Size Matters: Would you take a bigger class for money?

Discussion in 'General Education' started by Tyler B., Mar 14, 2012.

  1. TutoringMatch

    TutoringMatch Rookie

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    Mar 19, 2012

    What is a "good" teacher to one student may only be average, OK, or even bad to another student. Every student has a different learning style, which means that they each may work better with a different teacher. What defines "good" is subjective. Just because a teacher scored well on a test does not mean that they will be able to get through to the students.
     
  2. Caesar753

    Caesar753 Multitudinous

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    Mar 19, 2012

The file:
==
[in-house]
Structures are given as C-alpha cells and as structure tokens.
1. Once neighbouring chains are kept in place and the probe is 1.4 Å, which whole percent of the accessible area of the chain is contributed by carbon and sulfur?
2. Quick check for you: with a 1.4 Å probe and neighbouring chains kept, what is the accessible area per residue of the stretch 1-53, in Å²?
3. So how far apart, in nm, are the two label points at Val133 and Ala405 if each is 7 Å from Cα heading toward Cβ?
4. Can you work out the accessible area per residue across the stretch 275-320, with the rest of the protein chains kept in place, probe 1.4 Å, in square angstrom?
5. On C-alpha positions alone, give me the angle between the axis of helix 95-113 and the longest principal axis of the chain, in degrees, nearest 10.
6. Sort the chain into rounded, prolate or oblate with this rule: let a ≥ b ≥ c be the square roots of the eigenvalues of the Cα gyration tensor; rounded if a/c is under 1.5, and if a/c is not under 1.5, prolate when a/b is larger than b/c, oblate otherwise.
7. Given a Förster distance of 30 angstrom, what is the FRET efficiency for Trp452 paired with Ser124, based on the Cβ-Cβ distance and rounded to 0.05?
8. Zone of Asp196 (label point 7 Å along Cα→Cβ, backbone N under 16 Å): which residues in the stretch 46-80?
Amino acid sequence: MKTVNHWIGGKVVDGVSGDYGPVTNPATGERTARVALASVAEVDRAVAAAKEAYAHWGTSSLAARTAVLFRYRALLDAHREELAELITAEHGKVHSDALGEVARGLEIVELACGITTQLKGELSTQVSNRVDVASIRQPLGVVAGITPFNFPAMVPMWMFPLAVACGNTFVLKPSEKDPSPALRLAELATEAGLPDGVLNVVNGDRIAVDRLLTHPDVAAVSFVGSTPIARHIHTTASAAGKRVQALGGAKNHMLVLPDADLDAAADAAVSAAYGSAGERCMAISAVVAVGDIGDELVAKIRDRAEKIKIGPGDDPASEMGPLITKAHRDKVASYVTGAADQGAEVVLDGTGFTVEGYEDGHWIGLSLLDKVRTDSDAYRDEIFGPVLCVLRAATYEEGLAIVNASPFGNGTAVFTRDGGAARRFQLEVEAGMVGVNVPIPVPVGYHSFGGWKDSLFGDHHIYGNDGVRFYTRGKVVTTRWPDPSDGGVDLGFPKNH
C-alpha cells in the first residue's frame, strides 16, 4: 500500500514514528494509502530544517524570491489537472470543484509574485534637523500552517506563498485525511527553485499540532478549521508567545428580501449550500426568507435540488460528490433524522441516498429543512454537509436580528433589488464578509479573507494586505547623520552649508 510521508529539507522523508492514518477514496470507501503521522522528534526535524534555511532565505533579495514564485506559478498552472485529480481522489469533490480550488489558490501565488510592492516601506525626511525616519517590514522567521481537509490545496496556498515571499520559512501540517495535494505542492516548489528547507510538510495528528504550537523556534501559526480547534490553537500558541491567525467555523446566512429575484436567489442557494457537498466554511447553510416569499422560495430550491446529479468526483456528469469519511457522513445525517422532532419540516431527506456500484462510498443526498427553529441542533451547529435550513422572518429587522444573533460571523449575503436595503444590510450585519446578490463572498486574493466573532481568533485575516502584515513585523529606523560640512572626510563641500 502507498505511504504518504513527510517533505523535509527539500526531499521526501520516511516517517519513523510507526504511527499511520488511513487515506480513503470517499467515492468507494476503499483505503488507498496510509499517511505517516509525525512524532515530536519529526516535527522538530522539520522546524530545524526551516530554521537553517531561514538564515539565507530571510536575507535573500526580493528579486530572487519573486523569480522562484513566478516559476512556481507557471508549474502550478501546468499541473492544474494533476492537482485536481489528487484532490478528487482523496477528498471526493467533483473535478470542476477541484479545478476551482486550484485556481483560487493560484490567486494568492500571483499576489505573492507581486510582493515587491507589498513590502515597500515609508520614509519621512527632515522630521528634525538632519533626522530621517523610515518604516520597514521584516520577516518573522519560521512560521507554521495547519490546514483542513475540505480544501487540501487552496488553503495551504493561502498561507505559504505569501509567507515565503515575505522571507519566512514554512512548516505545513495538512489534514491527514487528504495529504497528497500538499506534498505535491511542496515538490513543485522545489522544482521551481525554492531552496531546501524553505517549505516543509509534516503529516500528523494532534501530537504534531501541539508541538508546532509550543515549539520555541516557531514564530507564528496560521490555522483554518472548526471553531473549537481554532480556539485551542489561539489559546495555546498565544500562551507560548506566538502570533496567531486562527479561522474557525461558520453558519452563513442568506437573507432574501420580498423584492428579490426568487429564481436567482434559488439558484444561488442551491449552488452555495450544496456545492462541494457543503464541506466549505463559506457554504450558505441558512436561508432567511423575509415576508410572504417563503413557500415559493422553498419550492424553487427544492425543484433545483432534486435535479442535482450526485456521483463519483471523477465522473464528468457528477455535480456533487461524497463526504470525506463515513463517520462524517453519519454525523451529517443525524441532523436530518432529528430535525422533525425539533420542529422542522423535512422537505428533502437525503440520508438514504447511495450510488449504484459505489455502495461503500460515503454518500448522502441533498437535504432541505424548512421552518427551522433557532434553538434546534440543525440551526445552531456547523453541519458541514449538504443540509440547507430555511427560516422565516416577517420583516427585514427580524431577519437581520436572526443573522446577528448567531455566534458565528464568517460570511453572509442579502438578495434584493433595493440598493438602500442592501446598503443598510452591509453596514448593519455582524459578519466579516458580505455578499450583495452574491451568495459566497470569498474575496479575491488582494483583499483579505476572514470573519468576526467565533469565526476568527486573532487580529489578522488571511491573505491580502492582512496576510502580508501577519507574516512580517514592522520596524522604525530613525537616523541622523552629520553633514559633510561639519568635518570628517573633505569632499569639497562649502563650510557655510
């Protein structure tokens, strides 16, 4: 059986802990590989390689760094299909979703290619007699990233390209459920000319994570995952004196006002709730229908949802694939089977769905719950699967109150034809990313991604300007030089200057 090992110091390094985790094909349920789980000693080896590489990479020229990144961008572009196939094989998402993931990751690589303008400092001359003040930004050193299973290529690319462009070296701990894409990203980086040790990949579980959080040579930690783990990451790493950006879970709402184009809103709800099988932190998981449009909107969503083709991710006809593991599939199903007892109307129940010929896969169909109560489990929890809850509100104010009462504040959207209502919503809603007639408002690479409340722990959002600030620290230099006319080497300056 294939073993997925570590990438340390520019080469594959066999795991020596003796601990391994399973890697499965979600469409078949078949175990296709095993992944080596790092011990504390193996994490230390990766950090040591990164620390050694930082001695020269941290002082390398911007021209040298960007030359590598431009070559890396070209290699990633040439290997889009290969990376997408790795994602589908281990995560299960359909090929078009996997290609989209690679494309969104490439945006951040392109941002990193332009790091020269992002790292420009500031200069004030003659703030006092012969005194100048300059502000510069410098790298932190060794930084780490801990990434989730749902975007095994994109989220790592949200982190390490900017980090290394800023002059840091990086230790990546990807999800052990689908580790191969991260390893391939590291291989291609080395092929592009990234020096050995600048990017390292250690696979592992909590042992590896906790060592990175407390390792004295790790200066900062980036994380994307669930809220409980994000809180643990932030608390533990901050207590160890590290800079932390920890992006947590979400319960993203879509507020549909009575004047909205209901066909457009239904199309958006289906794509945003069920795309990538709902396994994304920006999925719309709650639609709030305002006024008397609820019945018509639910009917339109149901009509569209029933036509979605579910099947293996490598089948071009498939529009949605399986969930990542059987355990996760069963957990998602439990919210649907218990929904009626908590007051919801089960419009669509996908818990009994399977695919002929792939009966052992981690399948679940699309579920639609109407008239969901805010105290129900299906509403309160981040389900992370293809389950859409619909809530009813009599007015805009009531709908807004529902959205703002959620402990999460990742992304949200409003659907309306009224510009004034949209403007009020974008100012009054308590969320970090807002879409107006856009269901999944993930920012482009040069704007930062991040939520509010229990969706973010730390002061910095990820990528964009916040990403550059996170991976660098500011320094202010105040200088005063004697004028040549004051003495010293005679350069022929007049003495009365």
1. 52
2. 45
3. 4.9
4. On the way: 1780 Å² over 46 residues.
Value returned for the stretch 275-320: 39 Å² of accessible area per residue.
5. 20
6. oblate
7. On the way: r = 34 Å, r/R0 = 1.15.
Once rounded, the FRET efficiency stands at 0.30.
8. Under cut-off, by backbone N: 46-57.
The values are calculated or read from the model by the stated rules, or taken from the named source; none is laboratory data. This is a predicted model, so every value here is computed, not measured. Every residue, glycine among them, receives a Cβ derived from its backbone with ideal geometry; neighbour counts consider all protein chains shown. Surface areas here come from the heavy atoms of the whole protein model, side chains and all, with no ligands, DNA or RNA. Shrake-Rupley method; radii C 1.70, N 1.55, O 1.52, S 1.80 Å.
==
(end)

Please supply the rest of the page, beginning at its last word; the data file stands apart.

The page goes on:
But a good teacher finds ways to differentiate enough so that the needs of all students can be met, even when those students have diverse learning styles, diverse backgrounds, different needs, and different abilities.

    While I think I understand your point about a teacher's scores not necessarily reflecting student learning, I think there's more to it. If a student demonstrates mastery of a concept, then the student did learn the material. It is very likely that at least part of the reason that the student learned the material is that the teacher was successful teaching it. That's why good scores usually point to good teaching, although in my opinion it's not fair to say that bad scores point to bad teaching (because I think there's a lot more involved than just the teacher's teaching).
     
  3. blazer

    blazer Connoisseur

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    When I mentioned this in Chicago I was told that it was illegal as it was against the constitution. I beleive there they called it 'Tracking'. There were ways round it as far as I could see by having AP classes.
     
  4. blazer